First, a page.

Yiu in, Chow out - it's all a political maneuverEditorial | maryma 30 Jan 2018
It may be a cruel irony but not far from the truth to say ousted lawmaker Edward Yiu Chung-yim should thank student activist Agnes Chow Ting in the latest twist of events in the Legislative Council by-election fiasco.
Almost beyond belief, Chow has turned out to be the one who is barred - rather than Yiu as feared from the beginning - from contesting the March by-election.
This development is a bit weird. Were the case against Chow strong, would it have been touted much earlier that she would be disqualified?
The legal consideration in which "Madame Sorry" Teresa Cheng Yeuk-wah, the secretary for justice, admitted having played a role in is plainly unconvincing. Otherwise, there wouldn't have been so many legal professionals in the Chief Executive Election Committee decrying the move to bar Chow's candidacy as "unreasonable, unlawful and unconstitutional."
The outcome defies many people's expectation - confirming the long-standing conviction that the choice of who can or can't run is a political decision with legal camouflage. The problem is that the camouflage rendered by "Madame Sorry" is ugly.
It's a cause for concern that the failure to render the disqualification decision a better cover may have an impact on the popularity of the current administration, which had been operating rather smoothly until the illegal structure scandal engulfing Cheng.
Has Chow publicly said she supports independence for Hong Kong? The decision to ban her - as lamely explained by officials - is based on an interpretation of what's said by the association that Chow is affiliated with. It stresses self-determination.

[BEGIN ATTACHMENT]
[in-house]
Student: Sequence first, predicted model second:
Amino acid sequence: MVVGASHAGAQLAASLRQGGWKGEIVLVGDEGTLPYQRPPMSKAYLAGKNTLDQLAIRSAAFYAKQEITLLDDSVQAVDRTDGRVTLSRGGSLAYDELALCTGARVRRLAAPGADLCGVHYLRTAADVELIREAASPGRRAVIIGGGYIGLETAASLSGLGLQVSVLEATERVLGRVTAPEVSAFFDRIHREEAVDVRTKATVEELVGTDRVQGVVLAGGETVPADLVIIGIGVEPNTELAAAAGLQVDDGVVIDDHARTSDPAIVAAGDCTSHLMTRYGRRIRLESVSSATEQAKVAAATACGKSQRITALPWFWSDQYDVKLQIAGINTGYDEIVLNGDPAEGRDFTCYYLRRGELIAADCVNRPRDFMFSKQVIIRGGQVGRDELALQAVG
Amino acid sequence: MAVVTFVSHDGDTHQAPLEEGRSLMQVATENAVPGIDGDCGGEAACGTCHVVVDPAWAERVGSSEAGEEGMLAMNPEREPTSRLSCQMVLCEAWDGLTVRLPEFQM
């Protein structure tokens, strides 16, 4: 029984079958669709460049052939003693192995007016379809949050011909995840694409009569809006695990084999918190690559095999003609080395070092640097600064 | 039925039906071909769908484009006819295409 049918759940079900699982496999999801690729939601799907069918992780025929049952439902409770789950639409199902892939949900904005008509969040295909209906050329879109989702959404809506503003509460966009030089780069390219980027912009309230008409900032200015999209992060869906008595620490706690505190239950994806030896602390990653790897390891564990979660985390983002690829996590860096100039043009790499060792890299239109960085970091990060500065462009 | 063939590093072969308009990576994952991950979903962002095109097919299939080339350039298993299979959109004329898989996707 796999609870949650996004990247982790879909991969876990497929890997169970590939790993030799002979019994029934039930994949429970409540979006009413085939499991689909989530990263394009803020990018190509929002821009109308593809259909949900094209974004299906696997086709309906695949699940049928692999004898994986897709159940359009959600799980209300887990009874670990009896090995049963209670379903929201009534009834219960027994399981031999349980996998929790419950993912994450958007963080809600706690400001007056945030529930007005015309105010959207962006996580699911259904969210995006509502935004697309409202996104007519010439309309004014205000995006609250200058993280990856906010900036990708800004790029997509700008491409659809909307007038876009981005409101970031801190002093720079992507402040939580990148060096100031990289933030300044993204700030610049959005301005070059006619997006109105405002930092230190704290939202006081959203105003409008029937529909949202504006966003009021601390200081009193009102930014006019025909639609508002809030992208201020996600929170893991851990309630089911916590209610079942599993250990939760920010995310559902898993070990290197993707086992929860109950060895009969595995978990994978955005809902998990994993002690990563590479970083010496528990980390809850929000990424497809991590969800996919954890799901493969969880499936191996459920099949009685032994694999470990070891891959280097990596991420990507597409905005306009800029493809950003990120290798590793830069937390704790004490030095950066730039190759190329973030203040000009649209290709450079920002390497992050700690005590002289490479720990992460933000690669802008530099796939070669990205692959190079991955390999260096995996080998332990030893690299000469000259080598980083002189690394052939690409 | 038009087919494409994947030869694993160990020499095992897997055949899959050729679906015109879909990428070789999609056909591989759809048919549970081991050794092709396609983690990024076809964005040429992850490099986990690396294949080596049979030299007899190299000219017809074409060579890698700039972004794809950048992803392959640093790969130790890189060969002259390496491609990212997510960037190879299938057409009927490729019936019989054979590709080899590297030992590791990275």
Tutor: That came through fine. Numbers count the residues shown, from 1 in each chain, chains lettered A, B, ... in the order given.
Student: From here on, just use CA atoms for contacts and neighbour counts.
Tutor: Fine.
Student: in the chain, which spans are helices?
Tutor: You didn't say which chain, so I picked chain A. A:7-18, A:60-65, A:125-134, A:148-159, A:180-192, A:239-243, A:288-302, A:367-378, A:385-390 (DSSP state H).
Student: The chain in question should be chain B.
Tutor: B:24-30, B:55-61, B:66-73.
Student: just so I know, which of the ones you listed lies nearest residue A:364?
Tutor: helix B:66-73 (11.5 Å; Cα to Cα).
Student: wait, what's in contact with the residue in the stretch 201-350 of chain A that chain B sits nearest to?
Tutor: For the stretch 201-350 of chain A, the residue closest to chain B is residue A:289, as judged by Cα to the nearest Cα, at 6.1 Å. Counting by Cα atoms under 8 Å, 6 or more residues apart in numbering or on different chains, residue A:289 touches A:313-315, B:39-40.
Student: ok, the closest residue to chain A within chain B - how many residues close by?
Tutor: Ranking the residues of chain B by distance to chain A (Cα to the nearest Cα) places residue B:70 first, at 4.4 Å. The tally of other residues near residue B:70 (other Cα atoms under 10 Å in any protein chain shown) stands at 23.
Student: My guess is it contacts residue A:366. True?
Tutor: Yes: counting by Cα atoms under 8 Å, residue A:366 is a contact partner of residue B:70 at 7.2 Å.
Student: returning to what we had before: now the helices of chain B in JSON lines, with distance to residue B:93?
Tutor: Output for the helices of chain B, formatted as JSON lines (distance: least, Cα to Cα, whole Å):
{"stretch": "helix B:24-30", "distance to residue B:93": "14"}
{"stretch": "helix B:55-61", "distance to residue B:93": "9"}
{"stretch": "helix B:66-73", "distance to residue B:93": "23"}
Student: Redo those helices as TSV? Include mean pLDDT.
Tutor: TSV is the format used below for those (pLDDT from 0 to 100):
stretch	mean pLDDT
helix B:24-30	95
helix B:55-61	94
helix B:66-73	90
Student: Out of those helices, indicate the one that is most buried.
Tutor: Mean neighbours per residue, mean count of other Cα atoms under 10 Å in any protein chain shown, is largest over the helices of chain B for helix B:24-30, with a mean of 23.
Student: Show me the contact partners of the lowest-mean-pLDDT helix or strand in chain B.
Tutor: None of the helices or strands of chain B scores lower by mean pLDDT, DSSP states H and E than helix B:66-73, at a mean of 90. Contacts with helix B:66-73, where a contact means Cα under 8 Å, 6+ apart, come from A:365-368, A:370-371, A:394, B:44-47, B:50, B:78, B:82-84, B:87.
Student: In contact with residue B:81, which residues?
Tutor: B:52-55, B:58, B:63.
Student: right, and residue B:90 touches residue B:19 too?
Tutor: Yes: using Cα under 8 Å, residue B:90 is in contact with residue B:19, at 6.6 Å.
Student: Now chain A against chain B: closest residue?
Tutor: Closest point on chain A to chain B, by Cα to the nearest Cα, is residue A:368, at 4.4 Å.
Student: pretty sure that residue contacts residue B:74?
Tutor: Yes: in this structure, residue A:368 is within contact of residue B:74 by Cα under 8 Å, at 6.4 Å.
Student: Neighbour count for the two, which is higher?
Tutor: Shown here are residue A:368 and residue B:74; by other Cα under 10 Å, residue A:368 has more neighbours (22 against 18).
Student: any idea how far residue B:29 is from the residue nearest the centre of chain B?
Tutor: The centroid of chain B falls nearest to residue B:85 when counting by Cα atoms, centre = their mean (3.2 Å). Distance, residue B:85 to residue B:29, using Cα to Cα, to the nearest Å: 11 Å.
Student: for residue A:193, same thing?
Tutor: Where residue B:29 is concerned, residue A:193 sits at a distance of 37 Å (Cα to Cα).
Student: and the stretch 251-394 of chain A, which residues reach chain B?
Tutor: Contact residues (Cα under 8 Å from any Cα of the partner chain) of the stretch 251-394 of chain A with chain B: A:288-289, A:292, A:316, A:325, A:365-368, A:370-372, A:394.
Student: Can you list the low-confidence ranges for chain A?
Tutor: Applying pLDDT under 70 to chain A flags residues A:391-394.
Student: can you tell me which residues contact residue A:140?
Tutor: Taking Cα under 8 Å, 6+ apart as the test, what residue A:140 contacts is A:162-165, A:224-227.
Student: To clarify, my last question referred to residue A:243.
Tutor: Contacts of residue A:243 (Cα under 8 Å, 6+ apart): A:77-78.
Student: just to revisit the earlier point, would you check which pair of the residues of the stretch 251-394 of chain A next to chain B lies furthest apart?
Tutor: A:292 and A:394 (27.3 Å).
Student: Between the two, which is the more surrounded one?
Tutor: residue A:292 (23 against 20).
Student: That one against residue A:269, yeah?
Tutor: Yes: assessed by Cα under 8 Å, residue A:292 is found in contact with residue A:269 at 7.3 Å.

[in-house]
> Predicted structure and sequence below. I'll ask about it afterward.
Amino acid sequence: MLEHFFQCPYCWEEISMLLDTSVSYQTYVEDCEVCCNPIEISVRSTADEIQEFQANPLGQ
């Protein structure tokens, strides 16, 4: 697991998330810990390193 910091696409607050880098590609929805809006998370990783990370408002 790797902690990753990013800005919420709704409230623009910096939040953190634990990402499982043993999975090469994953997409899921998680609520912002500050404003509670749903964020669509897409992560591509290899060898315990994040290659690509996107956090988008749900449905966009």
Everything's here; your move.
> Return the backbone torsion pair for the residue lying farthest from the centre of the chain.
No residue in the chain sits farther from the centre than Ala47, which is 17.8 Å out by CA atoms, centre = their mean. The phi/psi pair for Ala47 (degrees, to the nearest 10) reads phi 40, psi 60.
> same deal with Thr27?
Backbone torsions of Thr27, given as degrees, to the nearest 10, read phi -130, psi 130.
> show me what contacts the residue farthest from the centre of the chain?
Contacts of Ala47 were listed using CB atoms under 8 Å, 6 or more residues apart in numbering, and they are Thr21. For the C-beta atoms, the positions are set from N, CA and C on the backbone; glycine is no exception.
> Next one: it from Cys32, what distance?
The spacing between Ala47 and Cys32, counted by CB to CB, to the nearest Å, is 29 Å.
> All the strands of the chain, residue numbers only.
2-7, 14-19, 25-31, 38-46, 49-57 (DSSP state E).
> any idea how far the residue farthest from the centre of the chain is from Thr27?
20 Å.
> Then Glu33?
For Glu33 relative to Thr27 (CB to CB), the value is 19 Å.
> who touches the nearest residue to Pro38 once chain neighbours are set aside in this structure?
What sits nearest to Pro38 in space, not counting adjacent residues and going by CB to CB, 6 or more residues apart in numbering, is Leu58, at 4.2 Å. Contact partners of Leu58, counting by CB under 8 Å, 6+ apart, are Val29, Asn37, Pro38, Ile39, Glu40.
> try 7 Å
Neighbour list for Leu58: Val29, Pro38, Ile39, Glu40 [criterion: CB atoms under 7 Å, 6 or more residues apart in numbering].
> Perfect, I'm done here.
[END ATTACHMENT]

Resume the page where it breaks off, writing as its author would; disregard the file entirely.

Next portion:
It is a dangerous practice to strip one's fundamental right on the grounds of interpretation, when interpretation is bound to be subjective.
I fear there will be more anger in society when people stop believing elections are fair and open. It's now foreseeable irate voters will turn out in large numbers at polling stations to vote against the establishment in protest on March 11.
Is it politically wise? While there's little Chow could have done to change the course of events inside Legco, her influence will be augmented since her candidacy has been forbidden.
It's just curious the authorities - be they in Beijing, Admiralty, or the Western District - have come to the conclusion they should slam the door in Chow's face, but hold it open for Yiu, who had been stripped of his legislative membership after the courts ousted him over the way he took the oath of office.
There may be plenty of theories for the different treatments. Yet, it can be simply said that after barring Chow from the race, it's considered no longer necessary to deny Yiu. Likewise, if it was so decided that Yiu couldn't run, Chow might have been given the green light.
Otherwise, the backlash could snowball quickly.
From Beijing's perspective, that Chow was targeted helps demonstrate its zero tolerance of independence - even if it's no more than an imagined notion.
Nonetheless, what has happened points to a new development: after imposing selective criteria to screen chief executive candidates, Beijing is introducing new standards to filter candidates for Legco elections - another move to tighten the central government's grip.